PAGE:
cubans dream of freedom

HAVANA - After a 19-month tryout by acting president Raul Castro, Cubans seem ready to focus on what his government will bring once Fidel Castro formally steps down as Cuba's all-powerful leader on Sunday.

HAVANA - After a 19-month tryout by acting president Raul Castro, Cubans seem ready to focus on what his government will bring once Fidel Castro formally steps down as Cuba's all-powerful leader on Sunday.

Their expectations, already raised by Raul Castro's talk of "structural changes" and "big decisions" to come, couldn't be higher.

Will he let more people open businesses, own homes and even travel abroad? Given that Raul is already 76, many wonder whether it will fall to a new generation of leaders to fulfil or frustrate their dreams.

As acting president, Raul has only hinted at reforms, a reticence many see as a sign of respect for his more doctrinaire, 81-year-old brother. And while hoping that Raul and his likely No 2, Carlos Lage, will advocate for change, Cubans wonder how that will fly with Fidel, who made it clear on Tuesday that he isn't going away, even though he's stepping down as president.

"There has to be some change, more freedom with Raul," said Andres, 63, who wouldn't give his last name.

"The other one always nipped that in the bud," he said.

The resignation, announced on Tuesday, should give Raul more autonomy than he's had as the government's caretaker since Fidel was sidelined by intestinal surgery in July last year.

The younger Castro raised expectations of openings in the state-controlled economy with his reported fascination with Chinese-style capitalism, calls for unspecified "structural changes," and acknowledgment that government wages averaging about R140 a month do not satisfy basic needs.

He also encouraged Cubans to open a fearless and critical debate, as long as they remember the final decisions will be made by the island's leaders.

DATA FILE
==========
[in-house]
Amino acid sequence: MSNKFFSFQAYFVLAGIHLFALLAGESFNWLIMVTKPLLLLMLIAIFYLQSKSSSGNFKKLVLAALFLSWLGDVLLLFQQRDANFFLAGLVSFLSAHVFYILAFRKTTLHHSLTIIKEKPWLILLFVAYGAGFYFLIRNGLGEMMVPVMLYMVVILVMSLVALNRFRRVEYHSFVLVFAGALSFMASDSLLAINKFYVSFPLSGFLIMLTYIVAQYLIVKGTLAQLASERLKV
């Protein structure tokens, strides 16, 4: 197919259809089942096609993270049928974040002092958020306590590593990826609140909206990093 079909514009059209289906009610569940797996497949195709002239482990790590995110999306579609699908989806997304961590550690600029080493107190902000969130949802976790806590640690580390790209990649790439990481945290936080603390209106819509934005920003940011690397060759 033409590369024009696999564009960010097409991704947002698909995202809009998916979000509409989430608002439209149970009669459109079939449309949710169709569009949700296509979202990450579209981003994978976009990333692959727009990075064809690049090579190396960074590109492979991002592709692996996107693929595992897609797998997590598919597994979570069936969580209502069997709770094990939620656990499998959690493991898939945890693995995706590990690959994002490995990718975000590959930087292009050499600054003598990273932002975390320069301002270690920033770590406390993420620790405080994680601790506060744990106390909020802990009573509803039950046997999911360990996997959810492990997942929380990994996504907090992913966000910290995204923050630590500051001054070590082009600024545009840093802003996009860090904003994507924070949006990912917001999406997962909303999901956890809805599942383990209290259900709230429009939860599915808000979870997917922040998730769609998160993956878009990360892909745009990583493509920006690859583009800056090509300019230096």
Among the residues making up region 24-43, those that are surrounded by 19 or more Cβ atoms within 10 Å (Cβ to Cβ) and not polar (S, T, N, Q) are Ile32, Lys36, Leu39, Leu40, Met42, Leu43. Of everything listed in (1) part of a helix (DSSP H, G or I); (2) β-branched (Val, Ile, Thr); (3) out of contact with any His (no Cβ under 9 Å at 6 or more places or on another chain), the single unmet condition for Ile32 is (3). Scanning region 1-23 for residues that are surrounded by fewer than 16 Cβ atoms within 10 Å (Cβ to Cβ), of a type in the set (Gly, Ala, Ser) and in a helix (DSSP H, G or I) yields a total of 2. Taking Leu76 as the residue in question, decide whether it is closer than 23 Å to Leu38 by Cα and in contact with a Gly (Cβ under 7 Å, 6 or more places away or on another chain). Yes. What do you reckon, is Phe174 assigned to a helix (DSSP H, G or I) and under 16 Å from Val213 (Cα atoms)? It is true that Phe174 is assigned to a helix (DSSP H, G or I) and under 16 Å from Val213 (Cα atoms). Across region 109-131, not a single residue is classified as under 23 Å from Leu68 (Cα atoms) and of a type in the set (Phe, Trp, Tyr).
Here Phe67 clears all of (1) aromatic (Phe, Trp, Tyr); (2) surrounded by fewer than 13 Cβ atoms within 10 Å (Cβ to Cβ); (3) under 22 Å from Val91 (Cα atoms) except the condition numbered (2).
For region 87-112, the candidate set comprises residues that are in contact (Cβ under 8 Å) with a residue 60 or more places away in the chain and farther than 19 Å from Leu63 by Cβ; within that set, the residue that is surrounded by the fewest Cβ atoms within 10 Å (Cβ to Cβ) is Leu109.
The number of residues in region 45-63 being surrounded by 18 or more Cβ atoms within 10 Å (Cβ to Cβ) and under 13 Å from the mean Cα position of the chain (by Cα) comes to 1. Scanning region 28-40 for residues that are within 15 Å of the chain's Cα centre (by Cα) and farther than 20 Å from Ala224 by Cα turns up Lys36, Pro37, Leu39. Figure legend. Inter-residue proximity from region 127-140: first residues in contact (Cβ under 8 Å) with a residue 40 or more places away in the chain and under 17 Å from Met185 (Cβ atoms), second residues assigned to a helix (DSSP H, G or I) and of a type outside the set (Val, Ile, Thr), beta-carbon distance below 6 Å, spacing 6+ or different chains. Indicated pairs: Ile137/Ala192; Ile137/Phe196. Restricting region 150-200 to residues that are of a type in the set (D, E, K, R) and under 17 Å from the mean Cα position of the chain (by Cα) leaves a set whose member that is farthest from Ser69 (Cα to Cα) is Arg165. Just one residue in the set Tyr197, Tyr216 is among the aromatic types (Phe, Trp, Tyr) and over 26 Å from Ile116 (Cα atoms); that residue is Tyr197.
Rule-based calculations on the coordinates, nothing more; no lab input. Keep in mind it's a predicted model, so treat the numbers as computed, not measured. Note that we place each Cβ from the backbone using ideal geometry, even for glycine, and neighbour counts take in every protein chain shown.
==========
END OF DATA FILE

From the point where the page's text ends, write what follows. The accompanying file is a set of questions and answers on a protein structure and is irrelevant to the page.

"That way we reach decisions, and I'm talking about big decisions," he told student leaders in December.

Inspired by Raul, some leading Cuban cultural figures have called recently for dropping onerous visa requirements and other limits on their freedoms, a message that resonates with ordinary Cubans.

"This is what we needed. I hope to God people have more freedom - the freedom to have opinions and always speak their minds," 37-year-old Lydis Perez said after dropping her son off at school. "People talk in the hallways or the back rooms. There's a lot of fear."

Fidel, however, insisted in his resignation letter that he won't disappear - or stay quiet if he sees the revolution going astray.

"This is not my farewell to you," he wrote. "My only wish is to fight as a soldier in the battle of ideas. I shall continue to write under the title, 'Reflections of Comrade Fidel'. It will be another weapon you can count on. Perhaps my voice will be heard."

As the Council of State's first vice president, Raul has been his brother's constitutionally-designated successor for decades, so the big question is who will take his place on Sunday.

But both Lage and Raul Castro say any change will not be at the expense of socialism. And Lage has dampened hopes that Cuba would follow China and Vietnam in allowing capitalist markets to thrive. - Sapa-AP

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